By Barbara Kessler

Many years ago the plastics industry, composed of people flush with science degrees, had the foresight to catalog and track their products by assigning numbers to different “resins” or plastics. They stamped those numbers on the bottom of plastic containers and surrounded them with the ubiquitous triangle of “chasing arrows” to signify the plastic’s potential to be recycled.

Photo by Robert Hart | © 2008 Noofangle Media

And that is where the confusion began — with those arrows, and those numbers. While the numbers show that the plastics are different. The arrows suggest that they’re all the same.

Soon, consumers applied their own reductionist equation: Triangle + Number = Recyclable. This led to trouble. Non-recyclable polystyrene cups were tossed into the recycle bin with recyclable milk jugs, and low-density polyethylene frozen food trays sidled in alongside high-density polyethylene juice bottles – a mismatch akin to sticking Mitt Romney on the same campaign bus as Dennis Kucinich. Order turned to chaos. And the result is that less than one-quarter of even the most easily recycled plastic — that used to make soda and juice bottles — gets recycled in the United States.


What You Can Do: The Road To Recycling Success

“The public sees that soft drink and milk bottles are sought for recycling and cannot imagine all other applications will not be equally in demand,” explains David Cornell, technical director for the Association of Post-Consumer Plastic Recyclers (APR). “This mistake leads to one of our problems – folks who ‘help’ by adding more plastic items to the bins than requested. Those added items must be isolated and disposed of unless we can find a use for them.”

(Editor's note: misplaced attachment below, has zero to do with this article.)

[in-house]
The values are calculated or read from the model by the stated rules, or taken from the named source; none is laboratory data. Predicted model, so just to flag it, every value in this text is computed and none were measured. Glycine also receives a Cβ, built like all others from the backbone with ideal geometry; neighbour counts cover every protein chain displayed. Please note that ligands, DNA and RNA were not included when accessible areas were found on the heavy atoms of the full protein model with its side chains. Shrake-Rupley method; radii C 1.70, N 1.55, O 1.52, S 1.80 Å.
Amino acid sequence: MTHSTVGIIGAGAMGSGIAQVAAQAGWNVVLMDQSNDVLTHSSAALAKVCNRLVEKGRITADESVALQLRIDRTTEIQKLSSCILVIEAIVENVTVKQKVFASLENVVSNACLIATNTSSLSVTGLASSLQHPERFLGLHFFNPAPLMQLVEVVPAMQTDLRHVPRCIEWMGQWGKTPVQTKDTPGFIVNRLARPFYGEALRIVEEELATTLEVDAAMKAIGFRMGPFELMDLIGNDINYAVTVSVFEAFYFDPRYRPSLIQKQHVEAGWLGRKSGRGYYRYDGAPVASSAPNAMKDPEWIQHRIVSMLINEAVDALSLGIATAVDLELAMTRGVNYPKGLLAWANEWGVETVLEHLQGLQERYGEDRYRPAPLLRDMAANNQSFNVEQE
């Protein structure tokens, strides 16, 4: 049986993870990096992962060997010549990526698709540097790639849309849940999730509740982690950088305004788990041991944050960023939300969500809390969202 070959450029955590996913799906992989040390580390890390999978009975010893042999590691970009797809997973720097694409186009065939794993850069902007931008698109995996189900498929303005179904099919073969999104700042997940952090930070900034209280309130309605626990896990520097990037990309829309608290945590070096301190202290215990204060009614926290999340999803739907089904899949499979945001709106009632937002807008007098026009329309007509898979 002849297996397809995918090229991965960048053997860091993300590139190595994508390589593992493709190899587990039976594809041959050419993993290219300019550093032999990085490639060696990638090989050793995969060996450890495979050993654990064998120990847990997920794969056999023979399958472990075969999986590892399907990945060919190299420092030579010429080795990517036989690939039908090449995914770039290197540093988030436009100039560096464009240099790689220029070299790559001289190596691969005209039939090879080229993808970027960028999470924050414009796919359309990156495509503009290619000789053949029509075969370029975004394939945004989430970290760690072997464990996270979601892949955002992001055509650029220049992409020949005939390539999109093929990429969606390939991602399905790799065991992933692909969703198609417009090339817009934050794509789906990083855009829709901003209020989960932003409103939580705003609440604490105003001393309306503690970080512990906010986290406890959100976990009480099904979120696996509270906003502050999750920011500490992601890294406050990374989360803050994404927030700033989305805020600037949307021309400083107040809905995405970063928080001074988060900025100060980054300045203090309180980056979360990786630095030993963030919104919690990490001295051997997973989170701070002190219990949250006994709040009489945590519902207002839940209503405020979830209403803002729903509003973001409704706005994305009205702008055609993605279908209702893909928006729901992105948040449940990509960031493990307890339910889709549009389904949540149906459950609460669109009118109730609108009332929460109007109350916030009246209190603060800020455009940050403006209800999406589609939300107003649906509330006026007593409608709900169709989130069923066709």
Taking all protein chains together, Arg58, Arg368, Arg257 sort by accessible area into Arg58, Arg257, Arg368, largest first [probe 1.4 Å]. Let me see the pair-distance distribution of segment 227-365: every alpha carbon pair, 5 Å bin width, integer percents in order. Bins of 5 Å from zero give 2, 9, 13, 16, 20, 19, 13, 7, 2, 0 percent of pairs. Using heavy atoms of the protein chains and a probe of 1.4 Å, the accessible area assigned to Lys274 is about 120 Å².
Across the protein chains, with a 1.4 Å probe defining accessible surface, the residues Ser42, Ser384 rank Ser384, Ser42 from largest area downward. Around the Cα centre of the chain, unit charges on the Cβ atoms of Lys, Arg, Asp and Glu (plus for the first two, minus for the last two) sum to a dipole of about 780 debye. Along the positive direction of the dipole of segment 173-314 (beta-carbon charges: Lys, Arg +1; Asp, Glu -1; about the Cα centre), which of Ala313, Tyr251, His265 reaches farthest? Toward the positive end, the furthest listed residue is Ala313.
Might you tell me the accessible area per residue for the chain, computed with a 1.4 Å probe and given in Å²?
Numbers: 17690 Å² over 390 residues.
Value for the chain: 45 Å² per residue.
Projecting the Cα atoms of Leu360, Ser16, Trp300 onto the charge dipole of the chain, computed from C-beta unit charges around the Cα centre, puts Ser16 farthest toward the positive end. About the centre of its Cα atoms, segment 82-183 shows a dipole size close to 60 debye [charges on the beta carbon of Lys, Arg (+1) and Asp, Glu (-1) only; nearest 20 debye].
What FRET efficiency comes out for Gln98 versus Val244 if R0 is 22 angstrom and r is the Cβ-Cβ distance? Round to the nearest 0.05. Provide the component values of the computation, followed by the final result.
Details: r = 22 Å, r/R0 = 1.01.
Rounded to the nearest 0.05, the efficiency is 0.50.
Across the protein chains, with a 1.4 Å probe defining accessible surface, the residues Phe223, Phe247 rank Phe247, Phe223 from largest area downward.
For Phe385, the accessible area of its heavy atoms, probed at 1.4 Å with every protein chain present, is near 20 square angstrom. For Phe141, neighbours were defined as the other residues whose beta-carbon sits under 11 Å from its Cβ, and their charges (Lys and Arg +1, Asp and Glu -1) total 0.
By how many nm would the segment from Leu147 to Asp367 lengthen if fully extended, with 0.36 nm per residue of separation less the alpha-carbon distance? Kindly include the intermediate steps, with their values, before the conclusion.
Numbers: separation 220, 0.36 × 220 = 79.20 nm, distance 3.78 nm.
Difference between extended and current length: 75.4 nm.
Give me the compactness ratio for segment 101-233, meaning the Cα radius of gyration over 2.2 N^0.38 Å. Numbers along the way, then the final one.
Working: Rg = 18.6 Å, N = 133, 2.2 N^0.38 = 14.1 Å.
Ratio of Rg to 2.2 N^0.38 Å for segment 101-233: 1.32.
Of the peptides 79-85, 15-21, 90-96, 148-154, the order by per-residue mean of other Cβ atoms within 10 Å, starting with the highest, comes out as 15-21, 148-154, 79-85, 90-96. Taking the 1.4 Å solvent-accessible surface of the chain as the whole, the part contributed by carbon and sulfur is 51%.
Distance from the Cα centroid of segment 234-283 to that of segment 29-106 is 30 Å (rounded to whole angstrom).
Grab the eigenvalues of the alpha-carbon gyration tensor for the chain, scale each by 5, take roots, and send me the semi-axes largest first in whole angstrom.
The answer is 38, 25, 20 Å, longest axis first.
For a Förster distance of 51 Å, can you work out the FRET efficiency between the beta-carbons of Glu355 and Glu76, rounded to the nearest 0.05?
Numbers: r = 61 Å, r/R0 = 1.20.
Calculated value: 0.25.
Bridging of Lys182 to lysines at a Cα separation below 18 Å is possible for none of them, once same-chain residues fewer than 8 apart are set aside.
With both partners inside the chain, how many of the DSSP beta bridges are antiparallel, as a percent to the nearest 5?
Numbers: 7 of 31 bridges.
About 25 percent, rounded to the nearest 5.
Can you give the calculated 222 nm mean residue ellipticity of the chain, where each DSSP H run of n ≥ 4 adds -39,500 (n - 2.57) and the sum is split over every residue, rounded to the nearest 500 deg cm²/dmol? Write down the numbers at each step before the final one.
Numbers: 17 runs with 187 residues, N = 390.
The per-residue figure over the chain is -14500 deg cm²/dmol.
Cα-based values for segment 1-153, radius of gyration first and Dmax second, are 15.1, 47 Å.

Blame potato salad tubs, for starters. It seems like they should be recyclable. But in most cases, they’re made of #5 plastic, which is not in great demand by recyclers because the supply for recapturing #5 plastic has not reached critical mass and therefore it’s not that profitable. And you can’t just toss these plastics together with other grades of plastic and hocus-pocus, the result is useable.

Then there’s the problem of different types of the “same” plastic. Take your Smart Balance butter container. It’s a #2 HDPE plastic, but it’s made a different way from the highly sought-after milk jug, which is also a #2 HDPE plastic. But one is “injection grade” and the other, “blow mold” grade. The upshot? When you toss the butter tub into your recycling bin along with your milk jug, you’re as likely to muck up the recycling cycle as to help it.